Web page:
Do personal injury cases go to trial? If you are unable to reach a settlement agreement with the at fault party, your personal injury case may go to trial. Personal injury cases usually involve either a formal lawsuit or an informal settlement. In the former, the plaintiff files a lawsuit against the other party for compensation. The latter involves negotiations between the parties, in which the matter is resolved through an agreed payment instead of going to court. If a settlement is not reached, the case goes to trial.
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Personal Injury Cases in Illinois
A personal injury lawsuit seeks financial compensation for losses suffered due to an accident. To win, you must prove the defendant is liable for your injuries and establish damages.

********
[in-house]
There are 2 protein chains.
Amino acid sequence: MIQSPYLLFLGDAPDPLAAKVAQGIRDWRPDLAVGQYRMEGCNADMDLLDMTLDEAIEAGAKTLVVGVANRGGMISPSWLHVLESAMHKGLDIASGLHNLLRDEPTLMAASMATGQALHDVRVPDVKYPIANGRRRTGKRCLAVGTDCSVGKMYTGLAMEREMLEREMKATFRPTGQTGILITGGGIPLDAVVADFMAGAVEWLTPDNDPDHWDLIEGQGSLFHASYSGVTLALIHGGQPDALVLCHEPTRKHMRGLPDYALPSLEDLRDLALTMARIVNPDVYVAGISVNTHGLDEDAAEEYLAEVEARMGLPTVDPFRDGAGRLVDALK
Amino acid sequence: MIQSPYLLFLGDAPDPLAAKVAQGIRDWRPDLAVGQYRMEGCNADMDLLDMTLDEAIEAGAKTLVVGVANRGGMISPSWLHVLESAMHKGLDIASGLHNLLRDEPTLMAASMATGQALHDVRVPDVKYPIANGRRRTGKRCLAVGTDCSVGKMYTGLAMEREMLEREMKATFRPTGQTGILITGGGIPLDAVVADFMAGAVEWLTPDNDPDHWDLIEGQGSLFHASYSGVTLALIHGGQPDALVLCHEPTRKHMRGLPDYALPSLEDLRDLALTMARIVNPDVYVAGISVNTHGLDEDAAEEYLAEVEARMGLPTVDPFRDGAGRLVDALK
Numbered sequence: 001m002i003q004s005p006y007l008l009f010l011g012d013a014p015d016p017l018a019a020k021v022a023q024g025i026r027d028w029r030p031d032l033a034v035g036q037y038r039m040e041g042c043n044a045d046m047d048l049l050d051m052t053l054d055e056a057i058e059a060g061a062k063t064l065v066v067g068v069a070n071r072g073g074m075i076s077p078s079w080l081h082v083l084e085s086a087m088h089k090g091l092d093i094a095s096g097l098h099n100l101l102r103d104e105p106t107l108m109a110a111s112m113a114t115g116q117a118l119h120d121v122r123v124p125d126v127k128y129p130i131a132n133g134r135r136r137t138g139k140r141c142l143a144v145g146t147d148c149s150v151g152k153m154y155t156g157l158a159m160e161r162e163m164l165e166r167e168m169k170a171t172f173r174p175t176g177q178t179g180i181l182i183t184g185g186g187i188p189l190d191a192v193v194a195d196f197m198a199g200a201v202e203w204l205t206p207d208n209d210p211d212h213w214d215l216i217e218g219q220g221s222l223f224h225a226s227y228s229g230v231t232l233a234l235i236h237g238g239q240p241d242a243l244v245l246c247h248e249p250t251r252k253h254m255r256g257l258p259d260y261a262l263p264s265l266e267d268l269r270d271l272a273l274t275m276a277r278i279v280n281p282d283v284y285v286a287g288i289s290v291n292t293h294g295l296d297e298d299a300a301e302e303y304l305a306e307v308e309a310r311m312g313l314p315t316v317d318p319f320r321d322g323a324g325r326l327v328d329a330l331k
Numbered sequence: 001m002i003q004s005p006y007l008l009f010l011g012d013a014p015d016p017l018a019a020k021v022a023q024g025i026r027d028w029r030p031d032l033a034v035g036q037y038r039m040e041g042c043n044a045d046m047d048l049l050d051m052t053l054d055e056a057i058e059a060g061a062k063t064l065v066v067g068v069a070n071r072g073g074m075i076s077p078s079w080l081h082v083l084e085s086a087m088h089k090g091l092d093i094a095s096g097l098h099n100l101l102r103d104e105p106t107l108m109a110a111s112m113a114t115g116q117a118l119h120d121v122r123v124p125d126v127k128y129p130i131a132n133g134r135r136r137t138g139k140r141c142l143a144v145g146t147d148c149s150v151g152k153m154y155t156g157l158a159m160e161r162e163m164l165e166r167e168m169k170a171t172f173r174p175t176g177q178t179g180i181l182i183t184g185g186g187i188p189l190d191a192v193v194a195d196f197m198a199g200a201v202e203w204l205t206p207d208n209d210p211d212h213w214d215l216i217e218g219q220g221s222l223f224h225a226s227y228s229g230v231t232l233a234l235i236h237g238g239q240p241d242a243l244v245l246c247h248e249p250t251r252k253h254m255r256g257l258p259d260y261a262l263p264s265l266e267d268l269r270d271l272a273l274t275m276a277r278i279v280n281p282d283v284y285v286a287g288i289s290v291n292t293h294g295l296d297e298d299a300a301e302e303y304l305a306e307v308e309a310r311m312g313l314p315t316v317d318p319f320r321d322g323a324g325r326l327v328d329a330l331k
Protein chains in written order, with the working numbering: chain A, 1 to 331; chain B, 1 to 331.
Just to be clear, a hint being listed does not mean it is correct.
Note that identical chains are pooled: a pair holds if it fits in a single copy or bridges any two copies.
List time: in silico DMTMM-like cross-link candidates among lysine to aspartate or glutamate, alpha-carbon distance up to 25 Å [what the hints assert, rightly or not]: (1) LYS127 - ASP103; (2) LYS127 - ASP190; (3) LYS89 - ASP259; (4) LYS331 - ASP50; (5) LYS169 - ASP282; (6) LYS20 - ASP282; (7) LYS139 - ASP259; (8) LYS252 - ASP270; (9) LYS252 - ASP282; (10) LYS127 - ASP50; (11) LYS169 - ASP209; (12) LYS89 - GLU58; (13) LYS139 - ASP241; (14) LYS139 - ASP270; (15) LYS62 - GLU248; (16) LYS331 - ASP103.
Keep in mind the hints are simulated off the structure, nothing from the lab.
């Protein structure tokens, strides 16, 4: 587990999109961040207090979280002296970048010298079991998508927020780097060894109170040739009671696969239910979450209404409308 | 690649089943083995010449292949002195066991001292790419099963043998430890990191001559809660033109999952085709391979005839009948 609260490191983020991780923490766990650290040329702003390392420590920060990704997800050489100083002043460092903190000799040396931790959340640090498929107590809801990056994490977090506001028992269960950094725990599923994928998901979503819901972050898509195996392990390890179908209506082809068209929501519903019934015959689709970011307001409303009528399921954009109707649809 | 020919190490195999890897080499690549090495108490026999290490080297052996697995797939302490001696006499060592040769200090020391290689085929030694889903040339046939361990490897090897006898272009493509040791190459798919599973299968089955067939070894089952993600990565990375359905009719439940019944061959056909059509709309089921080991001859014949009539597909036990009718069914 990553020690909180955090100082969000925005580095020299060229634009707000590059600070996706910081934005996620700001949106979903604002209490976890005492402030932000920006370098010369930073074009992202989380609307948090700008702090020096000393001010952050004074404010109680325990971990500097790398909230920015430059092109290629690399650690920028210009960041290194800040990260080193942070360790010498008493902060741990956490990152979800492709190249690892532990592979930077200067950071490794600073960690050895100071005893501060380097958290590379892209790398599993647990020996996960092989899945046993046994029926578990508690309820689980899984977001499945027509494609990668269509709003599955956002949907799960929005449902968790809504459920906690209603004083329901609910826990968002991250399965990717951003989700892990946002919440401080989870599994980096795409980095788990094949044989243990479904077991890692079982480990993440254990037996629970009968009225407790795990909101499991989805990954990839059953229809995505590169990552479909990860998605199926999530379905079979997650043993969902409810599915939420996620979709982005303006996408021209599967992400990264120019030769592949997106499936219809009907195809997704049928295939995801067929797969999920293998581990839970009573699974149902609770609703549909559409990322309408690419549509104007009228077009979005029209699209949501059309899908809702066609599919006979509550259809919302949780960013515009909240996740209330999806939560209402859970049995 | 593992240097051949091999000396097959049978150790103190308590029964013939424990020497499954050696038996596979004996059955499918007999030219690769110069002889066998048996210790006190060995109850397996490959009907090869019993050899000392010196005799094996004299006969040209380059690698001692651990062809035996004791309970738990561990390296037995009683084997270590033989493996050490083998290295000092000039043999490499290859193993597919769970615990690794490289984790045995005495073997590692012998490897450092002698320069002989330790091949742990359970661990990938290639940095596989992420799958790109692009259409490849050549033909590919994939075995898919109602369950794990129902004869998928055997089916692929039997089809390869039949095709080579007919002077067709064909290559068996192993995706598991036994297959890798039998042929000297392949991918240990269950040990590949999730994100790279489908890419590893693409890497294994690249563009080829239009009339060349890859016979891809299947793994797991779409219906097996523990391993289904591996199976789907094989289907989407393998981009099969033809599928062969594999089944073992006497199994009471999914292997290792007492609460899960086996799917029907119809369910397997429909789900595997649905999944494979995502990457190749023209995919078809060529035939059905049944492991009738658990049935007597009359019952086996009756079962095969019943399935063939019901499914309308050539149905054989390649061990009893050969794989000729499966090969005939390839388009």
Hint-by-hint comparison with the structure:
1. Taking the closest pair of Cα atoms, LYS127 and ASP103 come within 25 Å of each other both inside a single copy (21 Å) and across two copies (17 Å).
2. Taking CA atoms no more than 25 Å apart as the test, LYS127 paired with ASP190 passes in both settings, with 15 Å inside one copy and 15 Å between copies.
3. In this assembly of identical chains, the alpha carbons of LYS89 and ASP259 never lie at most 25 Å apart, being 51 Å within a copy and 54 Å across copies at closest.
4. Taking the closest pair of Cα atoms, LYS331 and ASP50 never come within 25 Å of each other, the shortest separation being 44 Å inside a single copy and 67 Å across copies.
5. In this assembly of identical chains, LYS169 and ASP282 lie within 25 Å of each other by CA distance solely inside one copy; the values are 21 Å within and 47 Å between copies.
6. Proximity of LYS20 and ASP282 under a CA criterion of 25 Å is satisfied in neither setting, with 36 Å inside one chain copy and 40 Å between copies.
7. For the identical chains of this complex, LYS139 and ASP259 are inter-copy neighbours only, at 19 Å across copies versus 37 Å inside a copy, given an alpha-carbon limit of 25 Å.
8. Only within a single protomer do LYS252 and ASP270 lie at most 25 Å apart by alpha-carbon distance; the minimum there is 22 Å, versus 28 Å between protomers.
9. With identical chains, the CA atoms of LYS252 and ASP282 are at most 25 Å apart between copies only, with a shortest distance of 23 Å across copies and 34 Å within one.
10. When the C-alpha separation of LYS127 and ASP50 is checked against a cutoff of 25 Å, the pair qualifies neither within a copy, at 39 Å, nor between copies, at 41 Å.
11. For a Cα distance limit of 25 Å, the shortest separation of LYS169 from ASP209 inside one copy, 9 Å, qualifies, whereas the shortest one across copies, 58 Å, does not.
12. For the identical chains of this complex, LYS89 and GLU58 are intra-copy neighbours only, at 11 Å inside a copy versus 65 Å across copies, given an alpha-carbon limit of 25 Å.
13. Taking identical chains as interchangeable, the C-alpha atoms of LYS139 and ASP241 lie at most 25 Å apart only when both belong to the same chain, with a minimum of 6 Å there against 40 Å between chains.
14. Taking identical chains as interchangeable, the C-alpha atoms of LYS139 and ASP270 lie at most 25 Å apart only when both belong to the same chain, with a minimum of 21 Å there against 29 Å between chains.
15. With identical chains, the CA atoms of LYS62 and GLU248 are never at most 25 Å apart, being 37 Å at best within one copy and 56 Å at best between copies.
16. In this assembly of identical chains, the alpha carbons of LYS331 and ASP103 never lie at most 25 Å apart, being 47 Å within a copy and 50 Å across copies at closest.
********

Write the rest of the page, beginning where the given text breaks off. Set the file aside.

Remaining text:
Common Types of Personal Injury Cases Filed in Illinois
You can categorize personal injury claims into common types in Illinois, such as:
Motor Vehicle Accident
Motor vehicle accidents cause a significant number of injuries and fatalities every year. You may have been injured as a driver, passenger, or pedestrian in a car accident. In that case, you may be eligible to receive compensation for your injuries and financial losses from the responsible driver.
Medical malpractice is a serious problem that can cause severe injuries as a result of the negligence of medical professionals such as doctors, nurses, hospitals, and others. Medical malpractice can take various forms such as misdiagnosis, incorrect treatment, surgical errors, medication mistakes, pharmacy errors, birth injuries, errors during the delivery of a child, and failure to diagnose serious medical conditions.